For the first time in a decade, more people paid their credit card bills on time in the third quarter this year than in the second quarter.
The delinquency rate on bank-issued cards like those bearing MasterCard and Visa logos fell to 1.1 percent for the June-to-September period, from a rate of 1.17 percent in the prior three months, according to credit reporting agency TransUnion.
The 6 percent drop is significant not just for its size but also for its timing, since delinquency rates usually rise in the third quarter from the prior period, said Ezra Becker of TransUnion's financial services group.
Taken together with the more than 11 percent decline seen between the first and second quarters, the results indicate that consumers are getting better at handling their debt.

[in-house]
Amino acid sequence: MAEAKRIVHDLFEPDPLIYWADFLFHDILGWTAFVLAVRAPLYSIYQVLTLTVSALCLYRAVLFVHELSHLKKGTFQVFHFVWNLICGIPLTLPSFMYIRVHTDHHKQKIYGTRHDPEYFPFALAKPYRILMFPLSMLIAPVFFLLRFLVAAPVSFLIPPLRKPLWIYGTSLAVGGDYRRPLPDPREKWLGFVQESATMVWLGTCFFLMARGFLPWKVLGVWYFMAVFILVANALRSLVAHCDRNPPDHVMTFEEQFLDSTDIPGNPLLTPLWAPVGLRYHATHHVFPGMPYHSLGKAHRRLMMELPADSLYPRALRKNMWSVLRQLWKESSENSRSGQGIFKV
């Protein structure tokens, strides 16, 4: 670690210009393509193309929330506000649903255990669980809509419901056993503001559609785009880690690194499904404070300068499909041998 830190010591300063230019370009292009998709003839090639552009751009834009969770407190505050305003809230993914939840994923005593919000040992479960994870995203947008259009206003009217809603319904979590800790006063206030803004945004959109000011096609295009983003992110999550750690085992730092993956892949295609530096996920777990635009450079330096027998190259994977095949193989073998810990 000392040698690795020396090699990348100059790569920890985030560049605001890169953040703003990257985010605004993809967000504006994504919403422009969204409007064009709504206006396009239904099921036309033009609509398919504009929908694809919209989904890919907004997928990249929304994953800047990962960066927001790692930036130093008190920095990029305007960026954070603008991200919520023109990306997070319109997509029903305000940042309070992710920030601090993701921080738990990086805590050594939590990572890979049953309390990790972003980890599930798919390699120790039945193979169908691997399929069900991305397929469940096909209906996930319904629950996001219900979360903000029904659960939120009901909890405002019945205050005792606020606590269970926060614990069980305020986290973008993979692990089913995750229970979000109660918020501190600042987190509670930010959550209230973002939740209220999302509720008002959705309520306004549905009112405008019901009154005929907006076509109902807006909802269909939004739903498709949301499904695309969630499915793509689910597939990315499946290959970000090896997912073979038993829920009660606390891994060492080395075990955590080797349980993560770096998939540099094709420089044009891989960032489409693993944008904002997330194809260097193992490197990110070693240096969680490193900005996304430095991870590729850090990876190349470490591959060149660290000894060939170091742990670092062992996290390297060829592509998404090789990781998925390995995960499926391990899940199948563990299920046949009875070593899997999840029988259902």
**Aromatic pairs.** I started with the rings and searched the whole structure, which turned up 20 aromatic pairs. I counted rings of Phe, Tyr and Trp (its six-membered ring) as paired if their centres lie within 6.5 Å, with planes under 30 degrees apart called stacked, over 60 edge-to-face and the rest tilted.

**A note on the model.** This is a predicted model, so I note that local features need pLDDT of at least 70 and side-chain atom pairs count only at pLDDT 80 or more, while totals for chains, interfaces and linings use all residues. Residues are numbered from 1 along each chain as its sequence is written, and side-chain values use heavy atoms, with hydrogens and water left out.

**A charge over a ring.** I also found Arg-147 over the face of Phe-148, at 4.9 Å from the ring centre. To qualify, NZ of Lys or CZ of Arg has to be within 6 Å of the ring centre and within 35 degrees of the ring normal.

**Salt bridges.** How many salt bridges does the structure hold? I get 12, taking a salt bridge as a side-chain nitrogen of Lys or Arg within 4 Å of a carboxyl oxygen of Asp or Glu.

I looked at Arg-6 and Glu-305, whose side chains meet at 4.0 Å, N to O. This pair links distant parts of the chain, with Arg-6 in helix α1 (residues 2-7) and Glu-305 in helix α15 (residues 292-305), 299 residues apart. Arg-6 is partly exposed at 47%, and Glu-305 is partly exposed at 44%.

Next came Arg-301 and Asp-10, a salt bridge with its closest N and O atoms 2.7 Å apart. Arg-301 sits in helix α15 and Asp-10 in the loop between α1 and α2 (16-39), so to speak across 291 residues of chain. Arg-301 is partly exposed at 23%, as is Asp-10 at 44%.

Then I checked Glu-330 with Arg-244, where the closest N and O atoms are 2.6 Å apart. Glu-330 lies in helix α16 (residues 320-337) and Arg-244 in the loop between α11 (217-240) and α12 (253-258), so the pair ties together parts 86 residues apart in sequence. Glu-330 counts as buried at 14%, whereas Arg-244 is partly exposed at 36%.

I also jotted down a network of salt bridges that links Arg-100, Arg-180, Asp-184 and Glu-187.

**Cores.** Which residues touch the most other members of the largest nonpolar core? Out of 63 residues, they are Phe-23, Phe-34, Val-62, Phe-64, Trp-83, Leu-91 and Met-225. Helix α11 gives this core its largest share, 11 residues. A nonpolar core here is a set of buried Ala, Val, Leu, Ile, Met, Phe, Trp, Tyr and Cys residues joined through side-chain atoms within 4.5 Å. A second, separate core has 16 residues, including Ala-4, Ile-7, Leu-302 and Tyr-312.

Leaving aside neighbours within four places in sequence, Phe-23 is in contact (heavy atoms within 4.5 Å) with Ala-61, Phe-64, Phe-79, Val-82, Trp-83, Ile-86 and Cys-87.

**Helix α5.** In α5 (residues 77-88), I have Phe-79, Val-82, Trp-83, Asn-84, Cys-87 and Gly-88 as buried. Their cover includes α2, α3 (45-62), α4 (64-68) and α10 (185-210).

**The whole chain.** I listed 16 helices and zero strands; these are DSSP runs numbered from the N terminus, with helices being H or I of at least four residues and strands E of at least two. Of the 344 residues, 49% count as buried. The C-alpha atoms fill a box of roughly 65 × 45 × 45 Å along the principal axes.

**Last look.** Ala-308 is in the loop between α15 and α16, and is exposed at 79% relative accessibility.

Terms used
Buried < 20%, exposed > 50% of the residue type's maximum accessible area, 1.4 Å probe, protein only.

The 2009 third-quarter delinquency rate was basically flat with the 2008 third quarter, when 1.09 percent of card payments were 90 days or more past due.
TransUnion measures credit card delinquencies at 90 days because three months is considered an indicator that the card holder will default, since it is difficult to make up that many missed payments.
Credit card delinquencies were highest in Nevada (1.98 percent), Florida (1.47 percent), Arizona (1.35 percent) and California (1.33 percent), the states hardest hit by the housing crisis.
Rates were lowest in North Dakota (0.66 percent) and South Dakota (0.70 percent).
TransUnion figures showed the average balance on outstanding bank cards drifted down to $5,612 from the previous quarter's $5,719, and from $5,710 in the 2008 third quarter.